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Mendelssohn, Weber, Beethoven:
Anthony Pay (clarinet), Orchestra of the Age of Enlightenment, David Zinman (conductor), Queen Elizabeth Hall, London, 8. 2.2011 (GDn)

: Overture, Intermezzo and the Scherzo from A Midsummer Night's Dream

Weber: Clarinet Concerto No.1 in F minor

Beethoven: Symphony no.7

Not all orchestras are the same. That's the current motto of the OAE, but nobody has mentioned it to David Zinman, who spent most of this evening trying to get them to sound like his Tonhalle Orchestra. Fortunately, the tension produced was musically productive, there were no compromises here, and every reconciliation between ancient and modern was provisional. There were difficult negotiations, no doubt, but on balance everyone came out a winner.

Zinman seemed surprised by the level of the woodwinds in the mix. He put a great deal of effort into bringing up the sting section to a more predominant position, although his failures in that respect were as interesting as his successes. The Overture to A Midsummer Night's Dream set the tone. It is rare to hear such an opulent, Romantic sound from this or any period instrument orchestra. On the whole, it worked very well: the basses were slightly elevated on the platform and underpinned the sound with a real strength, while the other string sections gave Zinman the power he was looking for, while retaining that distinctive gut string sound.

It took the orchestra a few minutes to warm to this approach, and the ensemble in the strings was shaky for the first few minutes. Zinman also had trouble conjuring the necessary magic from this music. The woodwind entries at the start were four-square and matter of fact, and the later pianissimo passages were not nearly as convincing as the tuttis. It was great to hear the ophicleide in those louder passages, one of the few brass instruments that is more often seen than heard, so to have it pumping out those bass lines was a real treat.

The Mendelssohn improved as it went on. The Intermezzo, Nocturne and Scherzo were inspired choices, simply for their showcasing of the woodwind and brass soloists, and if Zinman was responsible for this programming choice, then perhaps he understands this orchestra better than I was previously giving his credit for.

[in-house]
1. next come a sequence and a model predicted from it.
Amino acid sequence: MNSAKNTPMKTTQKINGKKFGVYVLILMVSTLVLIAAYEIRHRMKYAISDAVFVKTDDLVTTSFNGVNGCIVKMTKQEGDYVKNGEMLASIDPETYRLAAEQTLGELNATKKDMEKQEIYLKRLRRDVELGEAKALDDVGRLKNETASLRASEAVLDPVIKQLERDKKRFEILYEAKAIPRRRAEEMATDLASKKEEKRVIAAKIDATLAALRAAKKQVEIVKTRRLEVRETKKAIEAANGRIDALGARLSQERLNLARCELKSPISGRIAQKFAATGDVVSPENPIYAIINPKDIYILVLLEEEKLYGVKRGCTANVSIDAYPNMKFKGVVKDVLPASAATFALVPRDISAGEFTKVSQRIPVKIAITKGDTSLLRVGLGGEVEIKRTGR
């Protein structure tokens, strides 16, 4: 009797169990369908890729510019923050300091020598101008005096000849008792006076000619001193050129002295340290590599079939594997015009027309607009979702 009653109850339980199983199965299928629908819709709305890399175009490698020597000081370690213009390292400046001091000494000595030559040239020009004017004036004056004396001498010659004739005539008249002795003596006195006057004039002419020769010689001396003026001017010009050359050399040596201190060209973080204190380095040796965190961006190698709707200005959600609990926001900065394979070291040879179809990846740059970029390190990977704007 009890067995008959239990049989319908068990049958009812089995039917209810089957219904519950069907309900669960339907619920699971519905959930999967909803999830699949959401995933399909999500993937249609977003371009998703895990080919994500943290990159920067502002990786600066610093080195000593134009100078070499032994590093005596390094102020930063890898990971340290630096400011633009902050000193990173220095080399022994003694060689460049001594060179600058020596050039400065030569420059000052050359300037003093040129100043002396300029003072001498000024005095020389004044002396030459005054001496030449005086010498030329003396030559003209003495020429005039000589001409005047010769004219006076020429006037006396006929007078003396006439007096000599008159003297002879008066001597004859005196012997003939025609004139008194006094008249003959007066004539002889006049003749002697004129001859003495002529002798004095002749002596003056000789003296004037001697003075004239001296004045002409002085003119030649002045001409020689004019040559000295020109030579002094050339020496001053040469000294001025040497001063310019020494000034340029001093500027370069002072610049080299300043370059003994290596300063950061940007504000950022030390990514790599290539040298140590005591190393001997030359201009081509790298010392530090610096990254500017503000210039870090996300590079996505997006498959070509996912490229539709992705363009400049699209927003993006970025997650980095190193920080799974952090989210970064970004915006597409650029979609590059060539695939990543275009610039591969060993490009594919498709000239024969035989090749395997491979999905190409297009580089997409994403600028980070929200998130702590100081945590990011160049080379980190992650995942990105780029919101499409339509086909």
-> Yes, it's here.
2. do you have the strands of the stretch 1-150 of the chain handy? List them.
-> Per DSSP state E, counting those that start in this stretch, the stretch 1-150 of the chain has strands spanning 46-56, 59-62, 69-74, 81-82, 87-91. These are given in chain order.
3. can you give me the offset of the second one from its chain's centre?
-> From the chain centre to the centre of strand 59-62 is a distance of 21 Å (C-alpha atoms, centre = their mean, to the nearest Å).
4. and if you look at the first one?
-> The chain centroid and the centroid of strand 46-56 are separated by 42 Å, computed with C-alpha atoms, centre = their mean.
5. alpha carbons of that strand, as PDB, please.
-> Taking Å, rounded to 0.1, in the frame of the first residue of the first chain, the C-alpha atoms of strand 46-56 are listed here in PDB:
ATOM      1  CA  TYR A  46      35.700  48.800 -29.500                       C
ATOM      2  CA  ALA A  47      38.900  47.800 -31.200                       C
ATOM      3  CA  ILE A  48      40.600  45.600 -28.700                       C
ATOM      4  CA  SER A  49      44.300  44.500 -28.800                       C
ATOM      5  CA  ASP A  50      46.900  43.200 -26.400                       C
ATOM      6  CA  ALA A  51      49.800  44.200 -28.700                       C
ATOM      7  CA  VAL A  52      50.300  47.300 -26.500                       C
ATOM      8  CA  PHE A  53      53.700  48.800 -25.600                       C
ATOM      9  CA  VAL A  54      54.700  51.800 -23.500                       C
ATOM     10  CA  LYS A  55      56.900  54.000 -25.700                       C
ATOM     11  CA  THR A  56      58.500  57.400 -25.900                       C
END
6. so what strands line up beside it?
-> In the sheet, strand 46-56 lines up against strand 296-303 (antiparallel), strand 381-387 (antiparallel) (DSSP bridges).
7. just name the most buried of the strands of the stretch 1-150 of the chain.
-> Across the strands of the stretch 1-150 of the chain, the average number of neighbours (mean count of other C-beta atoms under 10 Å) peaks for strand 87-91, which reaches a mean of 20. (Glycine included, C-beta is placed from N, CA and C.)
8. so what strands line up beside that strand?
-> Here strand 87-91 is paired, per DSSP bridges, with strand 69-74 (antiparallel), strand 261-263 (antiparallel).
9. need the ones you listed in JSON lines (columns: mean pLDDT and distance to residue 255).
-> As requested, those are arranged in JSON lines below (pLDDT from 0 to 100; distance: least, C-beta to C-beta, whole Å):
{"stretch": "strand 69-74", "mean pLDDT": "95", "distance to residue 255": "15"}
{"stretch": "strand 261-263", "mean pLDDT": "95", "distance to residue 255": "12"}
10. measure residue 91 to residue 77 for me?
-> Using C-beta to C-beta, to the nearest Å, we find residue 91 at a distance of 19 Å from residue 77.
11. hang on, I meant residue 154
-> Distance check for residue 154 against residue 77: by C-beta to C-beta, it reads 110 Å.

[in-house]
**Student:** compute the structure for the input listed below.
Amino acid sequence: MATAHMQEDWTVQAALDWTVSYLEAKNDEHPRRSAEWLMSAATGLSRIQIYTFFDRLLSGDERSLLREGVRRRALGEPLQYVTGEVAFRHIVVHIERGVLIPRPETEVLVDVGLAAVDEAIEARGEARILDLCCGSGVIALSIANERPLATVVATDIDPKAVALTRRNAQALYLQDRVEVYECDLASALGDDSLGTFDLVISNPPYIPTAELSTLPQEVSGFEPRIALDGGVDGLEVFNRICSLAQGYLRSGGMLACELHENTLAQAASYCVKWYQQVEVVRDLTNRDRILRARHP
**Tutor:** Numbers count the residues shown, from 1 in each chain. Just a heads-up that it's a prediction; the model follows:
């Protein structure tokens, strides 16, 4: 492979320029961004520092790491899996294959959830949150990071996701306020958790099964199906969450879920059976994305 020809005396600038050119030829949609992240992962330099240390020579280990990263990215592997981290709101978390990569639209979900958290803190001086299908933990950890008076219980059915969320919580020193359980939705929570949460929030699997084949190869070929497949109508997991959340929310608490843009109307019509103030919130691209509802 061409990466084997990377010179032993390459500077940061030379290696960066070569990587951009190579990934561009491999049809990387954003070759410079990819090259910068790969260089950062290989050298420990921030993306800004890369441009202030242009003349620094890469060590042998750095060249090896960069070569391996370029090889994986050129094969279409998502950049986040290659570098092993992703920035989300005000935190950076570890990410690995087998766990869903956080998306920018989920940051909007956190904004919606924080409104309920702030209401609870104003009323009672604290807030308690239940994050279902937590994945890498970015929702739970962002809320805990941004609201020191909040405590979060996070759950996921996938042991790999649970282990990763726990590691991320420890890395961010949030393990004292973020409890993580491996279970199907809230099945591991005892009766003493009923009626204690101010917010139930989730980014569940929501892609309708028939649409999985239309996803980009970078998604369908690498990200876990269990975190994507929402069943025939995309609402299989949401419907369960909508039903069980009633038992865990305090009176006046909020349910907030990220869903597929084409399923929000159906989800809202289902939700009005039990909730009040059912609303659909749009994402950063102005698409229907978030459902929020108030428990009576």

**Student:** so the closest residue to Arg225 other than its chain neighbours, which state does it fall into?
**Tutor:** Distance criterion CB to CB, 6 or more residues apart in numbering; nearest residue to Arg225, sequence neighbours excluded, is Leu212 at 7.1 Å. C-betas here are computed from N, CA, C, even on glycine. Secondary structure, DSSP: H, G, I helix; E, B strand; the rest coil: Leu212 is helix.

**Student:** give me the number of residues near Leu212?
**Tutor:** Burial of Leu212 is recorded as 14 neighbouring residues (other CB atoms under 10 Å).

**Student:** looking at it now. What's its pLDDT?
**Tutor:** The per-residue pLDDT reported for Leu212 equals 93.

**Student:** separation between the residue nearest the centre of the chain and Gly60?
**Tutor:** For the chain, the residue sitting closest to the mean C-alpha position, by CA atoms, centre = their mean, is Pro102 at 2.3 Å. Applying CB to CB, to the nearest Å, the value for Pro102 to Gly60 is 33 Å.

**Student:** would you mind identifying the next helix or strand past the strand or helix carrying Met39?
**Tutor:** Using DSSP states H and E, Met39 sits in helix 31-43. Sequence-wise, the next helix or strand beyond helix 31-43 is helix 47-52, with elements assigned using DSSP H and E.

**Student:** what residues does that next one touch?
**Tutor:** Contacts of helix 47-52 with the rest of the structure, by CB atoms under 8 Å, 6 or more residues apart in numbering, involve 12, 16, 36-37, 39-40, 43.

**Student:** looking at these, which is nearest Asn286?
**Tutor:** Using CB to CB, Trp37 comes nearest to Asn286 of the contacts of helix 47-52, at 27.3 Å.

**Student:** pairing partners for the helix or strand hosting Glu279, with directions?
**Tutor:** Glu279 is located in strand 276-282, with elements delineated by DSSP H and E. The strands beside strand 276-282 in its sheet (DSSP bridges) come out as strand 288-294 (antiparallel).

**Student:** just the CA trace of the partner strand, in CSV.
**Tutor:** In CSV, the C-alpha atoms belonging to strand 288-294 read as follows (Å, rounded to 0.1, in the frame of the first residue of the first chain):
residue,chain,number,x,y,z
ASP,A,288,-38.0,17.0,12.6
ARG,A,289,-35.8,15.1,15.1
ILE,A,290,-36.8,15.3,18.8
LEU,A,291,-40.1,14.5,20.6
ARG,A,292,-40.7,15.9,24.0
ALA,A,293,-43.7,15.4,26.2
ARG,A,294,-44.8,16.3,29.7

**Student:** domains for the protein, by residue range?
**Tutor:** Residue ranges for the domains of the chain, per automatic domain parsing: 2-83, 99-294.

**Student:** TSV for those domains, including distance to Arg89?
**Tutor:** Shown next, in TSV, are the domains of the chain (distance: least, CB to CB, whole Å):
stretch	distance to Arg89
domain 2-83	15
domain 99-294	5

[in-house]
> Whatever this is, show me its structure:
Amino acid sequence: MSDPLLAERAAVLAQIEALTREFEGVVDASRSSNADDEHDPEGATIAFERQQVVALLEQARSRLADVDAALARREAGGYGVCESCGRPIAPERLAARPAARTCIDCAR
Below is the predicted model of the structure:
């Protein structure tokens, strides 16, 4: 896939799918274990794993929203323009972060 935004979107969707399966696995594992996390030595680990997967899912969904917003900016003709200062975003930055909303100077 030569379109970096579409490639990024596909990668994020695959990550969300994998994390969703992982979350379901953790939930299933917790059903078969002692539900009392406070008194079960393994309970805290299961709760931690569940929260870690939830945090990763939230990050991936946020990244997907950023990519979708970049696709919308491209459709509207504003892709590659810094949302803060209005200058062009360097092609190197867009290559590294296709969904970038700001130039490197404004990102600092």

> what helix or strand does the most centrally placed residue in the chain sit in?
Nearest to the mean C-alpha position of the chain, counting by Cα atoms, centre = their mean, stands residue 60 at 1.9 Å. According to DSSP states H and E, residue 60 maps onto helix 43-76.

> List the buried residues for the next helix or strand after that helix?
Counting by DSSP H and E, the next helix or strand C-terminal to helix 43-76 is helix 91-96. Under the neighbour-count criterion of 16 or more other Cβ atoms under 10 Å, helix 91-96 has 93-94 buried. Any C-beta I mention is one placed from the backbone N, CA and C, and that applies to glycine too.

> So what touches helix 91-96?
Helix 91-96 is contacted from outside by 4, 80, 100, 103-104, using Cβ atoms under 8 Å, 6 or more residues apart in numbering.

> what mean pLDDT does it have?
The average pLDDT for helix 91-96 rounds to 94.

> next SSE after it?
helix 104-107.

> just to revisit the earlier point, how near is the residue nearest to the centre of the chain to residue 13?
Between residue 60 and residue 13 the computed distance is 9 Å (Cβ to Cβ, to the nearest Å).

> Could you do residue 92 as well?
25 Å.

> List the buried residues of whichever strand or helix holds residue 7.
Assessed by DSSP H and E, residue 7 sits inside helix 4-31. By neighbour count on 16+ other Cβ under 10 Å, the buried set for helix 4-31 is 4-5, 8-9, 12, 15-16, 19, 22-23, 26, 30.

Anthony Pay is a fine clarinet soloist, but he doesn't look comfortable standing in front of an orchestra. He squints inquisitively at the audience, then begins shuffling the pages of his music – its not the sort of behaviour you'd expect from Lang Lang. He gave a fabulous performance though, of the Weber First Concerto. Listening to this work on a period instrument, you realise just what the challenges are that the composer sets. It isn't hard to make a pianissimo, round sound on a modern instrument, but here you really have to work at it. The louder notes are more secure on a modern instrument too, and that's a real shame, because Weber goes to great lengths to set up climaxes where the peak is a very loud, very high note (C?) on the clarinet, and the timbre this instrument produces up there is clearly very fragile. You feel fortunate to have heard it at all, and after it is over the look on Pay's face is one of relief. It makes for compelling listening. And what great orchestration there is in the Weber, at least as innovative as in the Mendelssohn. The second movement, for example, ends with the solo clarinet accompanied by just the horns, and the climaxes of the finale are garnished with trumpets. Fascinating stuff, and it provides plenty of scope for Zinman to put in an almost operatic reading of the orchestral accompaniment.

Given the obvious aesthetic tensions in the first half, it was almost inevitable that Beethoven’s Seventh Symphony would be a hit and miss affair. So what worked and what didn't? Well, the second movement misfired. Zinman started it immediately after the last chord of the opening movement, a smart move in theory for keeping the momentum. The trouble was there was too much momentum, it was too fast and too mechanical. He had trouble again with the subtlety of the quieter passages, and with the balance between the woodwind and the brass.

The other three movements worked much better. As with the Mendelssohn Overture, the first movement was carried by the sheer energy of the tuttis. The strings excelled in both the outer movements, giving Zinman the symphonic depth he was looking for, while always retaining that valuable period instrument detail of sound. The finale benefited most from this, it had all the energy of a full sized modern orchestra, but more detail in the string counterpoint than any modern instrument ensemble could ever hope for. Despite Zinman's efforts to suppress the woodwinds, he was surprisingly happy to give the trumpets and timpani their heads. Again, that didn't always help the balance, but in the finale of the Beethoven it was just what was needed – the icing on the cake.

A triumphal conclusion, then, to an otherwise mixed concert. The OAE's policy of hiring guest conductors with little experience of period instruments has come in for surprisingly little criticism. Of course, there is no reason why somebody like David Zinman should know anything less about the Romantic repertoire than the players of an orchestra founded on baroque and classical principles. And they are certainly broadening their horizons with guest conductors of this calibre. I wonder if the influence will work the other way? If the next time you hear a recording of the Tonhalle they are all using gut strings with no vibrato, you'll know who’s responsible.

Gavin Dixon

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